Sunday, March 13, 2011

My World is Smaller and Much Wider Because I Teach and I Blog

I have been struck by how small our world has come.  We hear of disasters almost in real time because of the internet, and social networking.  I first read of the earthquake in Japan and the subsequent tsunami warnings as soon as I got up on Friday.  A dear friend and former colleague who now lives in her native Hawaii posted on Facebook that there was a tsunami warning in Hawaii.  Before I even knew why there was a tsunami, I was concerned for both my former teaching buddy and my blogging friend who both live in Hawaii.  When I say concerned, I mean, I really was worried.  They both are a part of my daily life these days, almost as if we were teaching in the same building or living on the same block, because of social networking.  I connect with them more than I connect with my next door neighbors!  I know more about them than I do about my next door neighbors.

So, once I heard about the tsunami warning, I immediately went to my Hawaiian blogger friend Kay's blog (click to link to her blog) to see if she was ok.  She is such a dear person.  I read her blog daily,  and, even though we have never really 'met,' I've really grown fond her and her husband and her mother.  Her mother, originally from Japan, lives with her.  They still have family in Japan.  Kay is always so kind in her words when she comments on my blog posts.  Yes, I think, it is amazing.  I am connected to people a great distance from me because of my blog, and I am genuinely concerned about their safety and well being.

I wasn't able to see a posting by Kay until later in the morning on Friday, March 1l.   While I was work at the University and on a break, I finally was able to read her most recent blog assuring us that they were safe.

Being able to read a blog on my iPhone also amazes me.  Technology has made my world not only bigger but also smaller.  It is bigger because I have access to people I never would have met otherwise.  It is smaller because the miles that separate us mean little in cyber land.

While I was reading about Kay's situation, I was still worried about the family of one of my student Junichi who is from Tokyo, Japan.  He had not yet come to class at 9:30 on Friday.  Junichi never misses class, and he usually the second to arrive in the morning.  We were all concerned.  Was he trying to reach his family?  Were they ok?  Had they suffered any kind of harm or damage?  Yes, because I teach international students, my world is smaller. After all the years that I have been teaching second language learners,  I am connected to students who come from many countries and speak many languages.

Sally with Junichi using iPhone to photograph cake
Woo Huck on far left
Finally, just before 10:00, Junichi arrives.  He is noticeably shaken, but he also seems greatly relieved.  He has been able to finally reach his mother by phone.  She had safely arrived home.  Her apartment was still standing.  He said that she had left her job at 5:00 in the evening on the day of the earthquake.  Public transportation was not working.  She had to walk for seven hours to get home, but she did it.  She made it home safely.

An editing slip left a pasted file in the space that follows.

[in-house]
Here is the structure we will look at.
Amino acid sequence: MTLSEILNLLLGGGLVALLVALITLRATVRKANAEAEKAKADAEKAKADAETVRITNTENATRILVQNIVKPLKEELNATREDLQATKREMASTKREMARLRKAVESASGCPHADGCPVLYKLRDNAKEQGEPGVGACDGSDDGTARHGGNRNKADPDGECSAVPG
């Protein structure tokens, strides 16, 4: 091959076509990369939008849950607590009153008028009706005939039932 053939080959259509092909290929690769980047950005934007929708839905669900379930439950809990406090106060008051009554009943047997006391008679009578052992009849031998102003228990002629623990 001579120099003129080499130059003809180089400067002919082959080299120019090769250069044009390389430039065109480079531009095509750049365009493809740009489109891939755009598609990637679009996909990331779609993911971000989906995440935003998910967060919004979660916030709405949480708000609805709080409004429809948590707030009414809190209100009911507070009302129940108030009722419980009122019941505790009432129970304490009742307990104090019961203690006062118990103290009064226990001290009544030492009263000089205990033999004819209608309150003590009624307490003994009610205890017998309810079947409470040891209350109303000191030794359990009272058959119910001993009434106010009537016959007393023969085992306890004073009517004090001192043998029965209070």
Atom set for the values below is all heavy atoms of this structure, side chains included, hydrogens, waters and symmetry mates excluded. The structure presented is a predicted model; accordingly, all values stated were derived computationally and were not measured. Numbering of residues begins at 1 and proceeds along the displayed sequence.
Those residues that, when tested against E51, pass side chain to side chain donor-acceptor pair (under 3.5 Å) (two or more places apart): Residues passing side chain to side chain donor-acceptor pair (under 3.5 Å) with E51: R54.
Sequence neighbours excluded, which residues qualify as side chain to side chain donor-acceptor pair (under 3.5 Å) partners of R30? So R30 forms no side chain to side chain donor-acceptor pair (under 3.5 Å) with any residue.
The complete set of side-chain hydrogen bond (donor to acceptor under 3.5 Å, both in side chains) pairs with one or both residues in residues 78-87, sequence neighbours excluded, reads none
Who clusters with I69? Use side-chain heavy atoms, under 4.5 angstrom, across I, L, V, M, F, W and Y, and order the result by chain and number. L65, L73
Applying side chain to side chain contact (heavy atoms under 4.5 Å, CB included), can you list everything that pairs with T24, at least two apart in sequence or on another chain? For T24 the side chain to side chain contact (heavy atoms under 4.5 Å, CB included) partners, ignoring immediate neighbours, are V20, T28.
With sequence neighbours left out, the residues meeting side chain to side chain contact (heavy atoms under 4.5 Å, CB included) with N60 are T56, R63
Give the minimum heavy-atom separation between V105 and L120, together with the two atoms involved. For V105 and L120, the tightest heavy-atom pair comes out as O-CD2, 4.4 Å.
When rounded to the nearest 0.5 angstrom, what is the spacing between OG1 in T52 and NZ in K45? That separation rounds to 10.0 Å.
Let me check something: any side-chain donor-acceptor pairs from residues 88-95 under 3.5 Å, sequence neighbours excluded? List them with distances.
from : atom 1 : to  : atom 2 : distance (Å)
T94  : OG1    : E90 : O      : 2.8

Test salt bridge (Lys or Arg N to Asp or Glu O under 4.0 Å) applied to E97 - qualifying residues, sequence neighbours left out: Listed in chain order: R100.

I can't even imagine what she saw on her long journey.  I can't even imagine the fear that must have gone through her mind.  I wonder if she worried how she would find her home once she reached it.  I keep thinking of this woman and wonder at her stamina and determination.  I feel privileged to be able to teach her son.  He works hard.  He studies hard.  He is a son for whom she can feel great pride.  I am grateful that his life has not been touched by the loss of his mother while he is in the United States.  I am sure he must be devastated as he sees the photos coming out of Japan.  He will need a great deal of support from others in the days and weeks ahead.

Just a few weeks ago, we in the International Program at CSU-Pueblo, were worried about our former student who was from Libya.  Several had tried to call him or email him to see how his family was doing in Libya.  That very afternoon after we had been discussing our worries about his family, I came home and saw an article about him and other Libyan students in the United States in The Denver Post.  In fact, I was very shocked when I saw our former student's picture posted in the newspaper.   (Photo from The Denver Post)

Yes, indeed, my world in smaller and much wider because I teach. It is also much enriched with friendships that span many countries and many languages.  My heart is open to the struggles that other nations and their people are going through.  I have worked with, taught,  grown to respect, and to care deeply about their youth.  My mind is broader, and my soul is enriched because I understand how connected we all are no matter what we believe or what languages we speak.

 I am grateful to be part of a profession that allows me to link my life to lives of so many who have come from all over the world.  It has been a blessing.  My life is much richer because my path has crossed the path of many students from many lands.  These students have touched my heart as we labor together in the classroom.  Their families are never far from their minds.  For that reason, their struggles, their heartbreaks, and the devastation that touches those they left behind at home touch my heart deeply.

17 comments:

Linda Myers said...

You're a fortunate woman to have these many connections, and they're all fortunate to have you. I love how we're all connected.